If there’s one thing humans are good at, it’s populating the planet. However, at what stage does this become a very real worry?
It’s pretty clear that we’re wrecking Earth. For every wonderful new shopping centre, with a high roof and spacious mezzanine, there’s added strain on an already buckling planet.
Among the many ways nature shows us this – including species’ die-offs left, right and centre – is climate change, with reports this week that some climatologists believe its catastrophic consequences aren’t as far in the future as we once thought.
While many thought major environmental problems would become tangible realities in centuries, some now think we may see these realities in decades instead.
Fossil fuel addiction
Led by former NASA climatologist James E Hansen, a new paper says that our burning of fossil fuels so far and in the coming years will contribute to a radical climate shift due to the introduction of fresh water from melting land ice.
Elsewhere, Earth Overshoot Day – the day when humanity has exhausted nature’s budget for the year – comes earlier and earlier each year. In 2015, it landed on 14 August, meaning we’re running at about 150pc of the planet’s capacity.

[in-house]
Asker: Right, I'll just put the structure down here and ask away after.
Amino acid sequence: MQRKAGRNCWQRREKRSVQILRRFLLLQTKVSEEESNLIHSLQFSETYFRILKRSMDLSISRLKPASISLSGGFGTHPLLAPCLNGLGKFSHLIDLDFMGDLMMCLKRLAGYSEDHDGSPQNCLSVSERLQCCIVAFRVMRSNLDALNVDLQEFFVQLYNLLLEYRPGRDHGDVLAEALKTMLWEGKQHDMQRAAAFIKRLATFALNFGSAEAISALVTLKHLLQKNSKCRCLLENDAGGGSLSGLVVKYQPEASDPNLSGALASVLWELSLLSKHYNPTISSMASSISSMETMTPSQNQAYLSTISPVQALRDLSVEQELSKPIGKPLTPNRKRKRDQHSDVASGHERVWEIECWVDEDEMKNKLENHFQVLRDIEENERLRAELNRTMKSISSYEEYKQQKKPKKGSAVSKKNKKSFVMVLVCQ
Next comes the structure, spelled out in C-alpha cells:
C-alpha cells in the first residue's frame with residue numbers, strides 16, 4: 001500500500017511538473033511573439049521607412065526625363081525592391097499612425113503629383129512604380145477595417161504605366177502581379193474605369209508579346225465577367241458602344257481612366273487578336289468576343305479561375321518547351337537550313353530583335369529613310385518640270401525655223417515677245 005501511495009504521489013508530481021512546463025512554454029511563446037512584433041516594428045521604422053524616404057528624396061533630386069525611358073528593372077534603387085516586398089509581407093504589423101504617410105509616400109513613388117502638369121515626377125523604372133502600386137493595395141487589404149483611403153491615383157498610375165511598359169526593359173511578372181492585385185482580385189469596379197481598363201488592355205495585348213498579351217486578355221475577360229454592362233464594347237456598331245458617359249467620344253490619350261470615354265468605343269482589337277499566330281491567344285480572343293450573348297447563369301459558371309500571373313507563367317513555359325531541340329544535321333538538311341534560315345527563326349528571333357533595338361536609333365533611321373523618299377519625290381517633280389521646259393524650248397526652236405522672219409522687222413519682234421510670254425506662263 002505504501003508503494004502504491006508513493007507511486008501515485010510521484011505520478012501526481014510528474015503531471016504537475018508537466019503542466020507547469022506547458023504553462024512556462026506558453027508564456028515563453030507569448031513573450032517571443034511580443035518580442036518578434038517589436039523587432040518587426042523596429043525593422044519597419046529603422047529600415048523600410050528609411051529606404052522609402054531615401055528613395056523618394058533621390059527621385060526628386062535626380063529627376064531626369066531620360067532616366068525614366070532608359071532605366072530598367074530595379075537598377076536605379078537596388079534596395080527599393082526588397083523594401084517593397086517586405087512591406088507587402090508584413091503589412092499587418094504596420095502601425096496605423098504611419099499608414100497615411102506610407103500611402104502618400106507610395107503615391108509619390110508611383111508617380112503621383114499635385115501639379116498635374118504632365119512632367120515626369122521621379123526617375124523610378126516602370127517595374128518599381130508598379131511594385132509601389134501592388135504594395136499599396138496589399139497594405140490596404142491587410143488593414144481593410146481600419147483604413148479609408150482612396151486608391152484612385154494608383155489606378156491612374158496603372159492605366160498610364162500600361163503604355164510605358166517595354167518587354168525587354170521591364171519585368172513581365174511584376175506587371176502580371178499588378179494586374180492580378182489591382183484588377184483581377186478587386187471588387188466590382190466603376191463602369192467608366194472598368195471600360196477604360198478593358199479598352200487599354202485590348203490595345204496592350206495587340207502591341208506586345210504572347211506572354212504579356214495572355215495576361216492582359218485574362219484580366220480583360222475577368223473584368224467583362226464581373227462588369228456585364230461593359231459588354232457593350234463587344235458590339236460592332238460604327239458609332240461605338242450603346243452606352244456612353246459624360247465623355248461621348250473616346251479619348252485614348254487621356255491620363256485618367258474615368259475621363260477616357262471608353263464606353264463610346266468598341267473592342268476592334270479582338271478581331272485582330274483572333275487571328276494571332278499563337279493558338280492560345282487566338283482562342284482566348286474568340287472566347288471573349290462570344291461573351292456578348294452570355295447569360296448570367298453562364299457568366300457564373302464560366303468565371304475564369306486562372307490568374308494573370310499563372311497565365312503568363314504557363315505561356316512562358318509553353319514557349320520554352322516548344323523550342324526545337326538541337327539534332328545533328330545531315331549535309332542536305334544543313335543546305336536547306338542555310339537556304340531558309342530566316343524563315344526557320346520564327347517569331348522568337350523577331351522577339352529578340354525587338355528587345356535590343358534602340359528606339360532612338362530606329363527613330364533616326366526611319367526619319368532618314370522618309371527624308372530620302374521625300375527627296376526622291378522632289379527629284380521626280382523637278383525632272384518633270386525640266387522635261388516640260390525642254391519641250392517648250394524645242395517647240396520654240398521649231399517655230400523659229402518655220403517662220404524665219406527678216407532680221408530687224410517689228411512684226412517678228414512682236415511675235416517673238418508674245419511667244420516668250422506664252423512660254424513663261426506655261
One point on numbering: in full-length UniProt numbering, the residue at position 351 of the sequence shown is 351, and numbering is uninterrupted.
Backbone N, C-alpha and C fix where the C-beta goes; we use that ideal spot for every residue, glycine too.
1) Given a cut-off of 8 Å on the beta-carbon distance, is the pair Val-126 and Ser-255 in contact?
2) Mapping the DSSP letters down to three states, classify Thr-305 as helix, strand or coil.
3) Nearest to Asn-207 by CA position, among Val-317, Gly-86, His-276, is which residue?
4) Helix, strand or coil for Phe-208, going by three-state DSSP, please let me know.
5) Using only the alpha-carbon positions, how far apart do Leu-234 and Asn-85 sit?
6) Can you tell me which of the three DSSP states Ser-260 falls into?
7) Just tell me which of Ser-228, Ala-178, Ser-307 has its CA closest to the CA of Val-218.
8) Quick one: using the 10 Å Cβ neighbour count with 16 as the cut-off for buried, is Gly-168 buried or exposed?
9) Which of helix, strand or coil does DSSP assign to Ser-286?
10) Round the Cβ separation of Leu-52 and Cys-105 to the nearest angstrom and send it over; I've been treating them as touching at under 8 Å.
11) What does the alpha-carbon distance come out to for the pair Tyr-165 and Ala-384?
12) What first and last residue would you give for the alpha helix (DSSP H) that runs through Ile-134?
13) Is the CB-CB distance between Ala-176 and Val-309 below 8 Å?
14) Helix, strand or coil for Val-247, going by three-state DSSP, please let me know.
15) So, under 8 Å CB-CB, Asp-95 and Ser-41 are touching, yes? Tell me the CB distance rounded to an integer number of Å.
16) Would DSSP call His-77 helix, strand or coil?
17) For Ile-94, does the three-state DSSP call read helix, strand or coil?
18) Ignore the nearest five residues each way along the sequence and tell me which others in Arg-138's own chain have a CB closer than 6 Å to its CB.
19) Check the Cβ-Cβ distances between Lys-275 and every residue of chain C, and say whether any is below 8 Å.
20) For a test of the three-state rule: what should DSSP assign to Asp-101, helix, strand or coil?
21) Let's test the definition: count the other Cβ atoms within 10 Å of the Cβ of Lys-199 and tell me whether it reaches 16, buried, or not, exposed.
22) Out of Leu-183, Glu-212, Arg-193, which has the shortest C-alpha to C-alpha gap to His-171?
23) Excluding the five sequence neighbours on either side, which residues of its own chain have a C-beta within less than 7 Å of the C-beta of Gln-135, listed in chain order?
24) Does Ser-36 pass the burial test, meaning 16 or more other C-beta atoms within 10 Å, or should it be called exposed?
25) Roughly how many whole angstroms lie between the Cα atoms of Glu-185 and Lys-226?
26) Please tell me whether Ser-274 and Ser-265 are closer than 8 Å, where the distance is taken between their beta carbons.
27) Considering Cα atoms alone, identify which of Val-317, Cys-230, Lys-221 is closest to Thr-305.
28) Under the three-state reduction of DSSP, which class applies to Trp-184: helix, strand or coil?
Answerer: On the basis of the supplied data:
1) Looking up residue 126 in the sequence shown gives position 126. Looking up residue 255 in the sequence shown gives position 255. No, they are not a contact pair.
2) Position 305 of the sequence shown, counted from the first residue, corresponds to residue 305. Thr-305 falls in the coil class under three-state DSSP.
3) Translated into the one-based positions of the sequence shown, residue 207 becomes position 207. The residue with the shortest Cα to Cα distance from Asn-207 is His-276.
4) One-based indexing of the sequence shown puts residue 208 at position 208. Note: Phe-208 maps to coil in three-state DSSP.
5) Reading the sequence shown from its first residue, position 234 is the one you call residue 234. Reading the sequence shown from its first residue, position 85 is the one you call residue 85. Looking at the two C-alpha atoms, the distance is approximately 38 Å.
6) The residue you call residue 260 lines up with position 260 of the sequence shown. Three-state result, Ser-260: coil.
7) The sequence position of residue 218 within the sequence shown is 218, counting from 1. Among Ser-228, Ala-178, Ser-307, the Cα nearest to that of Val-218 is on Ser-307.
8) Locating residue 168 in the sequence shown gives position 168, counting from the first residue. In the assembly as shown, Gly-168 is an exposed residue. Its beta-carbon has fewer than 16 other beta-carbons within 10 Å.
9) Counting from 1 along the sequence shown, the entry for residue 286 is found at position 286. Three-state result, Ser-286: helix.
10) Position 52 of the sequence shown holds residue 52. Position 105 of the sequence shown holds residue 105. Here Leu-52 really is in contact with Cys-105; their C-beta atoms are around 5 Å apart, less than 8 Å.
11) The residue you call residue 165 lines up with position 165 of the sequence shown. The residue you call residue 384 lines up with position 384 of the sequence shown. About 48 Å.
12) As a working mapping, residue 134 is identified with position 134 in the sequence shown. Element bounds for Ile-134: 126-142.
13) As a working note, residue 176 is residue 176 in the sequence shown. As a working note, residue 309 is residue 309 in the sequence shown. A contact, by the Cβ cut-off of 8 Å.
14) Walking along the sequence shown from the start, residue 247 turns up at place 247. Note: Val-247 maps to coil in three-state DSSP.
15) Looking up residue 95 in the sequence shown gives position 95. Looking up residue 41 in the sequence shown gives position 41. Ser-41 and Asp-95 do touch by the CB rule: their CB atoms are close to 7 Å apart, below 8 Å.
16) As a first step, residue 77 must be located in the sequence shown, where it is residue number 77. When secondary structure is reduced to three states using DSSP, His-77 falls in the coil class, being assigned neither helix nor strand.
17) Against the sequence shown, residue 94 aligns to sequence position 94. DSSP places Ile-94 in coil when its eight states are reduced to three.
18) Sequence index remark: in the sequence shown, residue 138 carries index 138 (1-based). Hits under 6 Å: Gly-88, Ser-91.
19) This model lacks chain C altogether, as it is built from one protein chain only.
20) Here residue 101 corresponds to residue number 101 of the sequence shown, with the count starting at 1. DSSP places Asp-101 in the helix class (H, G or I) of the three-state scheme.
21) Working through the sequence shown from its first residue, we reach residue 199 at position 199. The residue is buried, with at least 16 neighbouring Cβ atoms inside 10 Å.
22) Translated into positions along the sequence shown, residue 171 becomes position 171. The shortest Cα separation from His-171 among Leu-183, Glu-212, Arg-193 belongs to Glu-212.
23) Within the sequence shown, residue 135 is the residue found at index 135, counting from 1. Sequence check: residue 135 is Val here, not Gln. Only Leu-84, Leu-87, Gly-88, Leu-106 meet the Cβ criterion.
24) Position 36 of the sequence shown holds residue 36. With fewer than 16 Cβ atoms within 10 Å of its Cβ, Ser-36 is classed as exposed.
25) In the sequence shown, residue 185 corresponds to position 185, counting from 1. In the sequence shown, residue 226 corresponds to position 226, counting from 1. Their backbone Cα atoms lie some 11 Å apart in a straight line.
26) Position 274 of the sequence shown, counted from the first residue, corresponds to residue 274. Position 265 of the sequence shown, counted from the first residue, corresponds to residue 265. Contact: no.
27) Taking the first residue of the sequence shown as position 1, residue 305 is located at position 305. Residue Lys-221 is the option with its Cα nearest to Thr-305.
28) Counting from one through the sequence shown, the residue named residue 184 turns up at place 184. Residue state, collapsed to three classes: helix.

Worse still, if this isn’t addressed satisfactorily, we’ll actually need two Earths to create the resources we consume as early as 2030.
The effects can be seen everywhere: deforestation, drought, soil erosion, biodiversity loss and the build-up of carbon dioxide in the atmosphere is affecting all states, to varying degrees.
The carbon dioxide build-up will exacerbate all other issues, according to current climate models, with the world’s carbon footprint doubling in the last 45 years.
How many people could live on Earth?
How do we change this? Well, according to BBC Earth Unplugged, there are three ways. Using a pie to explain the planet’s resources, Maddie Moate explains that we can either reduce the number of people eating it, make it bigger (meaning using our resources more efficiently), or get everybody to share.
There are 7bn people on the planet but, if we all lived the average American lifestyle, Moate explains that Earth could support just one-third of that.
It’s clear we’re walking headfirst into some pretty nasty scenarios in the near future. This video should explain it all.
Main image of dying Earth via Shutterstock
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